“With significantly fewer (re)insurance firms returning completely to their offices, there will undoubtedly be plenty of unoccupied office space,” says Davies. “Tenants will be in a strong bargaining position and I’m sure when renewing contracts, many will be negotiating for longer rent-free periods, shorter lets, and other amended conditions.

“If landlords are not prepared to be flexible, they could find themselves with large swathes of empty office space. No one can be sure how this will play out, but life and work in the City of London won’t return to exactly the way it was before the pandemic.”

Returning to the office

However, there are still detractors of remote working, and working from home is synonymous with lockdown for many as a challenging period of isolation. Daniel Sharpe-Szunko, managing director of Chester-based health and life insurance specialist iamINSURED, found his employees struggled during the first lockdown and has since ensured they can work in the office.

“During the first lockdown, we had a few people working from home and they said it was quite difficult from a data protection perspective and the challenges of using their own devices,” says Sharpe-Szunko. “We mainly work with people with underlying medical conditions. We had people at home talking to customers about sensitive information, potentially with family in the background. That doesn’t work.”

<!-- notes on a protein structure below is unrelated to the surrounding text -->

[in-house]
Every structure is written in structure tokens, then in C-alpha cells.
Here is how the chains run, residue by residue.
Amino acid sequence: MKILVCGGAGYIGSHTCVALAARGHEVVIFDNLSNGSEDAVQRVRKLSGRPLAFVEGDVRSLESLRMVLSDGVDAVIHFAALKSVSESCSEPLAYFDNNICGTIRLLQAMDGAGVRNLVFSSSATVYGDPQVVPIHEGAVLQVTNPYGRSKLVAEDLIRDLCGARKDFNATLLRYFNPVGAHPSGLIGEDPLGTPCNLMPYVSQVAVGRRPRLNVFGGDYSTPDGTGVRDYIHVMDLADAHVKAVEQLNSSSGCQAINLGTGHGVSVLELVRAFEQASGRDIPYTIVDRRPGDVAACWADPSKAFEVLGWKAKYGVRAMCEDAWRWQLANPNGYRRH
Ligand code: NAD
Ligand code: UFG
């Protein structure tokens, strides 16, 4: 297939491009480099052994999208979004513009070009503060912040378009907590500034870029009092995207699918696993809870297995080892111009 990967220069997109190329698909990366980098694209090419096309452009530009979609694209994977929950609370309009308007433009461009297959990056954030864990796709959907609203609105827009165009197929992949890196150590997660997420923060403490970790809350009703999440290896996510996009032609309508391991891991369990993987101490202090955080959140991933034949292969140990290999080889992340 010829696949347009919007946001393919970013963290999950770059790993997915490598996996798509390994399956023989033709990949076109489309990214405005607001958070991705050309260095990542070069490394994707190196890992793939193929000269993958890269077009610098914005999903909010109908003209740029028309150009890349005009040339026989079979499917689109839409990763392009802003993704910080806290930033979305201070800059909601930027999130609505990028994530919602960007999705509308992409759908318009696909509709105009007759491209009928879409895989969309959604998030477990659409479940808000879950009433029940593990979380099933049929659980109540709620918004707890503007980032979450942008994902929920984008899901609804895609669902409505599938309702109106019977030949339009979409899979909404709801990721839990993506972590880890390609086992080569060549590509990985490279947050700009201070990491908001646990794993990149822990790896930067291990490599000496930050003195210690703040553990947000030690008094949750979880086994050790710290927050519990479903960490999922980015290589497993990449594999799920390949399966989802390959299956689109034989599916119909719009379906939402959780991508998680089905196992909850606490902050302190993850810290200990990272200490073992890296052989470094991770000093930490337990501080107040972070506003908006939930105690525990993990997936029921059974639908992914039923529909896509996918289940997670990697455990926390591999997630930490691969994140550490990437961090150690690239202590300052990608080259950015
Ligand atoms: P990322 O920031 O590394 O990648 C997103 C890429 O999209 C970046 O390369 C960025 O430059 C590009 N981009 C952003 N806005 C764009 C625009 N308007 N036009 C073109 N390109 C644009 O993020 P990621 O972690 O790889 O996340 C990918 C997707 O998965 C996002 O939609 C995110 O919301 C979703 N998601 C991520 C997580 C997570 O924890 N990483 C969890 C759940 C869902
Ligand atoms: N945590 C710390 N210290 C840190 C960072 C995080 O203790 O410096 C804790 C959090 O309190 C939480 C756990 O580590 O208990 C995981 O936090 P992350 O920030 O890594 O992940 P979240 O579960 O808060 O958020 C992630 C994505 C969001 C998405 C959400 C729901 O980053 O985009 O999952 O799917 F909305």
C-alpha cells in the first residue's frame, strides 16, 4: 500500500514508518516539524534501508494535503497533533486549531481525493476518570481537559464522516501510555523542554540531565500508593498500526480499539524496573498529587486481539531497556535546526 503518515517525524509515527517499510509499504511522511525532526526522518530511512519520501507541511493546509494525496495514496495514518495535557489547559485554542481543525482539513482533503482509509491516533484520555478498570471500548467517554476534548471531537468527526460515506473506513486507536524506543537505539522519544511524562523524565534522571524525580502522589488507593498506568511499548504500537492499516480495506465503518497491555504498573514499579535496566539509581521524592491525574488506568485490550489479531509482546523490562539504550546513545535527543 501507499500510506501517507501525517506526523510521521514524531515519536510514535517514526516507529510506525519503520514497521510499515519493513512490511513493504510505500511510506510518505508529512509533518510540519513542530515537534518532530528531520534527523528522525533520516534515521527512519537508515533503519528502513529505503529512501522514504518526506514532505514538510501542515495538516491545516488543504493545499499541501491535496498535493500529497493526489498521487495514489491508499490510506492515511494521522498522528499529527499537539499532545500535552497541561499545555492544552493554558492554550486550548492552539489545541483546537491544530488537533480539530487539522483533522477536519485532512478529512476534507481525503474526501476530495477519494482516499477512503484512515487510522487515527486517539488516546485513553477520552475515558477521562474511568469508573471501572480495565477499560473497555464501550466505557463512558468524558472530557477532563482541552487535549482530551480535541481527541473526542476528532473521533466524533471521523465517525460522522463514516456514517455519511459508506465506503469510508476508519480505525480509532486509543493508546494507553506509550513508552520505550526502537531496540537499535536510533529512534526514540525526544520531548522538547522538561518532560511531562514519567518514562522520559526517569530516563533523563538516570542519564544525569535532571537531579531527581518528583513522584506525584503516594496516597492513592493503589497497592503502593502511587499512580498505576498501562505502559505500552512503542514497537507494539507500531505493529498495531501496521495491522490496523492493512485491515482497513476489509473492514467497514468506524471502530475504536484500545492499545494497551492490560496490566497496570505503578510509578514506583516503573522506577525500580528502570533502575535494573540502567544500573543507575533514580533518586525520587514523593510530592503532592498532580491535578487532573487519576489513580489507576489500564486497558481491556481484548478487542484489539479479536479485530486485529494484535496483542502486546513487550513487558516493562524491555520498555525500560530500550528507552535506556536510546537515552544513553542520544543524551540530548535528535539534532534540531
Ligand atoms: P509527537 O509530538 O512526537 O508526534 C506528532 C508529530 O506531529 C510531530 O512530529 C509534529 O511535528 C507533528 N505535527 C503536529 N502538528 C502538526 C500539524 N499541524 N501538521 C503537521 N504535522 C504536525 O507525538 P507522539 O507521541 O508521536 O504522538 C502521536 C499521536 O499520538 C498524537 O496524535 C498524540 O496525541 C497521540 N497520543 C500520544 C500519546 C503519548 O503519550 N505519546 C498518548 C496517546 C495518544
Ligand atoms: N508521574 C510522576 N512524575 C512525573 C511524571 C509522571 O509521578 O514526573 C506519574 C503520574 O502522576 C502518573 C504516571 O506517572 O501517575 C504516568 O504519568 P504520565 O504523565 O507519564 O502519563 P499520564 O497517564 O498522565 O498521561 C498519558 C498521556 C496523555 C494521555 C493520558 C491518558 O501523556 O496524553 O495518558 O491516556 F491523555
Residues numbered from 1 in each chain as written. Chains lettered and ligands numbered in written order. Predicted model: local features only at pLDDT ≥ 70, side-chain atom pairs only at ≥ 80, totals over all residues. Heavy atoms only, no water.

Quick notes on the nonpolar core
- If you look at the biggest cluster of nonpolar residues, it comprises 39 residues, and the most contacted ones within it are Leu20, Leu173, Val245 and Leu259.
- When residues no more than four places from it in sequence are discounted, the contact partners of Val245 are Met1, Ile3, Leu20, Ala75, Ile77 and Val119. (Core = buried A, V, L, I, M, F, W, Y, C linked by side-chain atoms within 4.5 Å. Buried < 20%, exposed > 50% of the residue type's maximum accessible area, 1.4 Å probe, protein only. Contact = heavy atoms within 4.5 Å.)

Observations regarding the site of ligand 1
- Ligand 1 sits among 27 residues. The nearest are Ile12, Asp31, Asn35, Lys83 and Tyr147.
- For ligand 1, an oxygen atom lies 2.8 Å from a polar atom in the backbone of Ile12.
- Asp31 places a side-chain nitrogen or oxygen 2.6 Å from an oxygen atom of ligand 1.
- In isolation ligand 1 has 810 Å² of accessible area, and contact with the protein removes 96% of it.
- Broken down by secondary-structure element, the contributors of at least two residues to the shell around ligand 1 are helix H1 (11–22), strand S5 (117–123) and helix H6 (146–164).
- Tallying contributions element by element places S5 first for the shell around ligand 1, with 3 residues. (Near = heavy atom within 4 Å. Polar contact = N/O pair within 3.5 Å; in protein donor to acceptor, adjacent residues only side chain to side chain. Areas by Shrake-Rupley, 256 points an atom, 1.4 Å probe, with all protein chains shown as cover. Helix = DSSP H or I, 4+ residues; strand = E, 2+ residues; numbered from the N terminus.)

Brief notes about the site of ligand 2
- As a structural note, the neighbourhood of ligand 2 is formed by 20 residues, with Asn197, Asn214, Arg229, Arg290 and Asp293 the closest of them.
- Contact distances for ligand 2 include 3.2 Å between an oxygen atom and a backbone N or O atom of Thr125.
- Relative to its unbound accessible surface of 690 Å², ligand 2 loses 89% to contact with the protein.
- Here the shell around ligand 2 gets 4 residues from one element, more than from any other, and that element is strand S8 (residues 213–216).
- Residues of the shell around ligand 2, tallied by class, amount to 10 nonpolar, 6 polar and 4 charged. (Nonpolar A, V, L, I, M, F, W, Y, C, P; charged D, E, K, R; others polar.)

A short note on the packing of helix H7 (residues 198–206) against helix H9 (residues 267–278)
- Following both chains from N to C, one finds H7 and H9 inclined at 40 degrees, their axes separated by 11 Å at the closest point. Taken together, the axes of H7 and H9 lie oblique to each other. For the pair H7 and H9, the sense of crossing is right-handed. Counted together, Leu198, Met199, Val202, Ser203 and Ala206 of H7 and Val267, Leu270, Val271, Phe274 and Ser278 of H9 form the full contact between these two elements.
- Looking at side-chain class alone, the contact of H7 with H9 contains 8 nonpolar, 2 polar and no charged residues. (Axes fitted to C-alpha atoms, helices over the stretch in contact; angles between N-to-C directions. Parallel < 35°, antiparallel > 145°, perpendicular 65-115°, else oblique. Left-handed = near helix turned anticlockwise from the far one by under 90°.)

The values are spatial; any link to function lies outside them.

The firm is fortunate to have a 2500 sq ft office to itself that allows employees to work in a socially distanced way, while still benefitting from face-to-face interaction.

“You have to be careful and considerate, and good communication is key for any business leaders considering returning to the office,” says Sharpe-Szunko.

He says that apart from the HR considerations there is “nothing to refer to, which makes it such a strange situation”. “You just have to make your own decisions as a business owner,” he adds.

“Mental health is a big issue and I would rather people be in that environment where it’s a bit healthier and normal,” Sharpe-Szunko continues. “If we can maintain our own safe bubble where people can keep their minds active then that’s a big deal for me.”